View Single Post
Old 01-23-2013, 03:43 PM   #21
Knows what a fatty is.
Join Date: 12-30-12
Location: Nuevo, Ca.

If you are having to cook out of a rented kitchen the that will probably put a quash on using your WSM's. Generally speaking, all things used in the food prep/cook/storage/serving has to be NFS approved, and the webbers aren't. Since you are also working under the kitchens HD permit, they probably aren't going to allow you to use a process that will put their facility HD permit in jeopardy. Your county MIGH have some kind of variance the will let the health official make a variance for you since BBQ isn't done in an oven

Here in Riverside County where I am at, the seem to have the most restrictive HD laws in So Cal. and they sound like they might be on par with yours. I have kicked around the idea of catering but it is going to be tough and expensive. Best I got it figured, I can cook at public events like a fair or charity event under a blanket permit from the event organizer. I still have to have my setup of fresh/gray water, triple sink, hot water, cold storage, the whole 9 yards. If I do a private event such as a wedding or BD party, then no on-site food prep. have to use a rented kitchen, all food, ingredients, and utensils have to be stored and used there. Absolutely nothing prepared or stored at home. Basically cook at the kitchen, deliver and serve at the event. Gotta be a way around it but I havent found it yet, so I plan on meeting face to face with the HD to see what we can work out. No onsite cooking takes the atmosphere out of a catered BBQ. Oh, and even with a rig permitted for on-site public events, I can not take the smoker home, it has to be stored at a county approved commissary facility, again more $$.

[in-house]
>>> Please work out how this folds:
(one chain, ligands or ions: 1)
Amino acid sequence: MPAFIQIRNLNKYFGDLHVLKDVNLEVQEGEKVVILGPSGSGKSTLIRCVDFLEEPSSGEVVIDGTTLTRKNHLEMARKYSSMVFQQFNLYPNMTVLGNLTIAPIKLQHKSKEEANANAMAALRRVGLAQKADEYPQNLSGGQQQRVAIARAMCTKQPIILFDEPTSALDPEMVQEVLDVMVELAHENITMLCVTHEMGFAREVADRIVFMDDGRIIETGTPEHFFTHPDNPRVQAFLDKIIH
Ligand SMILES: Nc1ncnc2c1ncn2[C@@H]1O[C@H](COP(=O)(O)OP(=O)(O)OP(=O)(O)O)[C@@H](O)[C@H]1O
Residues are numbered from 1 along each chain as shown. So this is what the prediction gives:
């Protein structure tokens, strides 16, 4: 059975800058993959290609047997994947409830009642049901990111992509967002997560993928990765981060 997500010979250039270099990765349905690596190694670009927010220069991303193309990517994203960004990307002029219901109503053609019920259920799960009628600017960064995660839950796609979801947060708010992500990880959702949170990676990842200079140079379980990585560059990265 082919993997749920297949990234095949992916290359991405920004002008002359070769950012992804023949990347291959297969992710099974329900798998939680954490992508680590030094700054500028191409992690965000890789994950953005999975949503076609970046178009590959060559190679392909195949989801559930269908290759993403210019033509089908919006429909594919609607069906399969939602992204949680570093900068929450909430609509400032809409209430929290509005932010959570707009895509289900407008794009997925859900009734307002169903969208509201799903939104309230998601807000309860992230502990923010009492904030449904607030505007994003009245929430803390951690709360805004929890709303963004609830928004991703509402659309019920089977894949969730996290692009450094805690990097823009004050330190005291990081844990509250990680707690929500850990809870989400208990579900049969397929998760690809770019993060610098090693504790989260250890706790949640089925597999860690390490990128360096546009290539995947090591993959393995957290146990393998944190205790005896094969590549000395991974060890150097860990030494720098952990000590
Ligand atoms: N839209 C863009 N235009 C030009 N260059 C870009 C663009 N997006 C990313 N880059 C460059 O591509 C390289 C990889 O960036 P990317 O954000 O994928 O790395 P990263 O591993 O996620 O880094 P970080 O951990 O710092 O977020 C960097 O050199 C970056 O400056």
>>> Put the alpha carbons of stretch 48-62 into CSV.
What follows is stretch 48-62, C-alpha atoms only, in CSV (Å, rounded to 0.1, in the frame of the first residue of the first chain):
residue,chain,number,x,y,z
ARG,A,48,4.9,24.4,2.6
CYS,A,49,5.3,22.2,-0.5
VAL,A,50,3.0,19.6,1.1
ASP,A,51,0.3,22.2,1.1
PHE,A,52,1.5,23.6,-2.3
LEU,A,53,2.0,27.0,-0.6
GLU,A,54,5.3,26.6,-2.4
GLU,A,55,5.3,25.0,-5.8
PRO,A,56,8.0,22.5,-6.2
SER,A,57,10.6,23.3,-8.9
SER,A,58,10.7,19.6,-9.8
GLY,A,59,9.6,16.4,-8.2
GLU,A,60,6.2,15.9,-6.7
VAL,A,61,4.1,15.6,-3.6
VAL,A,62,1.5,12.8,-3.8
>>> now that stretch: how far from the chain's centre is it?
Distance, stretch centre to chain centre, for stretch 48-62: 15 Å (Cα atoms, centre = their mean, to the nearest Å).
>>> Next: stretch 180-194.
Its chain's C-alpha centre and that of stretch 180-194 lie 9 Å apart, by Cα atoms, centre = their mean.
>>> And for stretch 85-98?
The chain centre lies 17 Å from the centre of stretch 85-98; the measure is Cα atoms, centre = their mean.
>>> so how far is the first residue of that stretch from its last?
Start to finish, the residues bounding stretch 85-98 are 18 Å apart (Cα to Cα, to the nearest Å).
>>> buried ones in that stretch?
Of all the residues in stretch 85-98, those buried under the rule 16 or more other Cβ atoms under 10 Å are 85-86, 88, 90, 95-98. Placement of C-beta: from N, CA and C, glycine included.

My wife runs dogs in AKC agility trials and 3 years ago I looked at getting a simple hot dog cart to sell hot dogs at the meets. Pretty much the same stringent rules with something so simple. We did a breakdown of just food costs: Buns, franks, serving boats, forks, napkins, salt and pepper packets, mustard, etc. Everything it would take to put a basic dog in the customers mouth. About $1.75 a dog that you might could sell for $2.75-$3.00. That didn't include commissary rental, travel, ice, equipment, insurance, permits, etc. Not a lot of profit there. From what I see out here, the successful caters also have their own restaurant to back them up. Now that I think about it, owning a BBQ shack might not be a bad idea...
Dedicated Stick Burner, Pitmaster @ All About The Q, KCBS CBJ
themidniteryder is offline   Reply With Quote

Thanks from:--->